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In Texas, a grant deed conveys title to real property with implied covenants. By including the words "grant" or "convey," the grantor guarantees that he/she has not transferred title to the property to anyone other than the grantee, and that, at the time of transfer, the estate is free from impediments. Implied covenants carry the same legal implications as if they were explicitly stated (TEX. PROP CODE 5.023).
The document must state the grantor's full name and marital status, the consideration given for the transfer, and the grantee's full name, marital status, vesting information, and mailing address. Include a complete legal description of the parcel, and recite the source of title to maintain a clear chain of title, detailing any restrictions associated with the property. The document must be signed and acknowledged by the grantor in the presence of two credible witnesses or a certified officer (TEX. PROP CODE 12.001b).
Depending on the nature of the transaction, the deed might also require supporting and/or supplemental documentation. Record the completed deed, along with any additional materials, in the clerk's office of the county where the property is located.
Using a Grant Deed in Texas
A deed is a legal document that transfers real property from one party to another. In Texas, property owners can use a grant deed to transfer real estate with implied covenants of title. By including the words "grant" or "convey," the grantor (seller) guarantees that he/she has not transferred title to the property to anyone other than the grantee (buyer), and that, at the time of legal transfer of property, the estate is free from any impediments to the transfer. Implied covenants carry the same legal implications as if they were explicitly stated (TEX. PROP CODE 5.023).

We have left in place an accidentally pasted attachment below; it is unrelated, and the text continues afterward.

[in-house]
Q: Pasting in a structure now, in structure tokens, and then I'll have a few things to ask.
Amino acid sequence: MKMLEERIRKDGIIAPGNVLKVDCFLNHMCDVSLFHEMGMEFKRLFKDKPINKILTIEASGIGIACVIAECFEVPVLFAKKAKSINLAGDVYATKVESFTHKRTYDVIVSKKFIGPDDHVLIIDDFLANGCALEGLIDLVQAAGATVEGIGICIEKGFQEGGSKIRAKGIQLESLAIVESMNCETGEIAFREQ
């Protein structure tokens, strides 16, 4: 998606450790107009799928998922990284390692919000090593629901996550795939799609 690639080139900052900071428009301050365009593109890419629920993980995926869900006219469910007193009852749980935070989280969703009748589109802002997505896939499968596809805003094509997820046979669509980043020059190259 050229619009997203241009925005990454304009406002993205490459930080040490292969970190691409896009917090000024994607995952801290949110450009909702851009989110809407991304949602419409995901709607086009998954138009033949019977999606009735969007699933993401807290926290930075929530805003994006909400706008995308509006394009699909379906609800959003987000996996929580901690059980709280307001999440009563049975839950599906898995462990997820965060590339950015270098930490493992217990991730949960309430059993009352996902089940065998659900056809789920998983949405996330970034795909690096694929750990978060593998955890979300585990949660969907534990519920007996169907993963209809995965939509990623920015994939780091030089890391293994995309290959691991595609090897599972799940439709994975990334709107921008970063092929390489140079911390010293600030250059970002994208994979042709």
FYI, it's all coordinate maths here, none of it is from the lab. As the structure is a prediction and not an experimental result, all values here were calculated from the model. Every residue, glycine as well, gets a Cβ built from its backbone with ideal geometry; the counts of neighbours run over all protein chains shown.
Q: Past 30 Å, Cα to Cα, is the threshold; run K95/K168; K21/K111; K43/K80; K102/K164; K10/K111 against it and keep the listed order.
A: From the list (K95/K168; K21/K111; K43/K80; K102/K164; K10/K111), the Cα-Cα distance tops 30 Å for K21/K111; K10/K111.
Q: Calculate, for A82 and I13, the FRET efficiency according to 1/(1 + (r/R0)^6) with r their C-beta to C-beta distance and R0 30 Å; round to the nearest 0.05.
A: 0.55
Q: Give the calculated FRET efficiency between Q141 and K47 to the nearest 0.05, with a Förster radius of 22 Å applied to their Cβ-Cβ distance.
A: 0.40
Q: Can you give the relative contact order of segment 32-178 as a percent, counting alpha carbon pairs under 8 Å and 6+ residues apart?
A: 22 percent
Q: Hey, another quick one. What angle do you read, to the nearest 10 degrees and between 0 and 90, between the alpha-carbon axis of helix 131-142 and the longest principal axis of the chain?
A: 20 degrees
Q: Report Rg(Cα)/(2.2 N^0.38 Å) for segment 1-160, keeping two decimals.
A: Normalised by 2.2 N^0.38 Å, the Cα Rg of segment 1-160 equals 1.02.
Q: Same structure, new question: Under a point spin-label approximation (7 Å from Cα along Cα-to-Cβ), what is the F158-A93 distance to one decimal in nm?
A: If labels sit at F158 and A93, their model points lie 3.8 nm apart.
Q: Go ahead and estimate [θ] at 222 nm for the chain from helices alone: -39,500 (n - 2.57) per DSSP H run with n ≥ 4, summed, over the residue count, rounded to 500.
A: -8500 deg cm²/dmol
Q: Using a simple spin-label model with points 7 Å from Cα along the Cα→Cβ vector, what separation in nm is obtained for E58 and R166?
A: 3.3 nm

A lawful grant deed includes the grantor's full name and marital status, the consideration given for the transfer, and the grantee's full name, marital status, vesting, and mailing address. Depending on the nature of the transaction, the deed might also require supporting and/or supplemental documentation. Vesting describes how the grantee holds title to the property. Generally, real property is owned in either sole ownership or in co-ownership. For Texas residential property, the primary methods for holding title in co-ownership are tenancy in common, joint tenancy, and community property (TEX. EST CODE 111.001, TEX. FAM CODE 3.003).
As with any conveyance of realty, a grant deed requires a complete legal description of the parcel. Recite the source of title in order to confirm a clear chain of title, and detail any restrictions associated with the property. Record the completed deed, along with any additional materials, in the clerk's office of the county where the property is located. Contact the same office to verify accepted forms of payment.
In Texas, an unrecorded deed (or instrument) "is binding on a party to the instrument, on the party's heirs, and on a subsequent purchaser who does not pay a valuable consideration or who has notice of the instrument" (TEX. PROP CODE 13.001). This means that, even if a grant deed is unrecorded, it is still a binding document that applies to parties who have signed or acknowledged it.
This article is provided for informational purposes only and is not a substitute for the advice of an attorney. Contact a Texas lawyer with any questions about grant deeds or other issues related to the transfer of real property.
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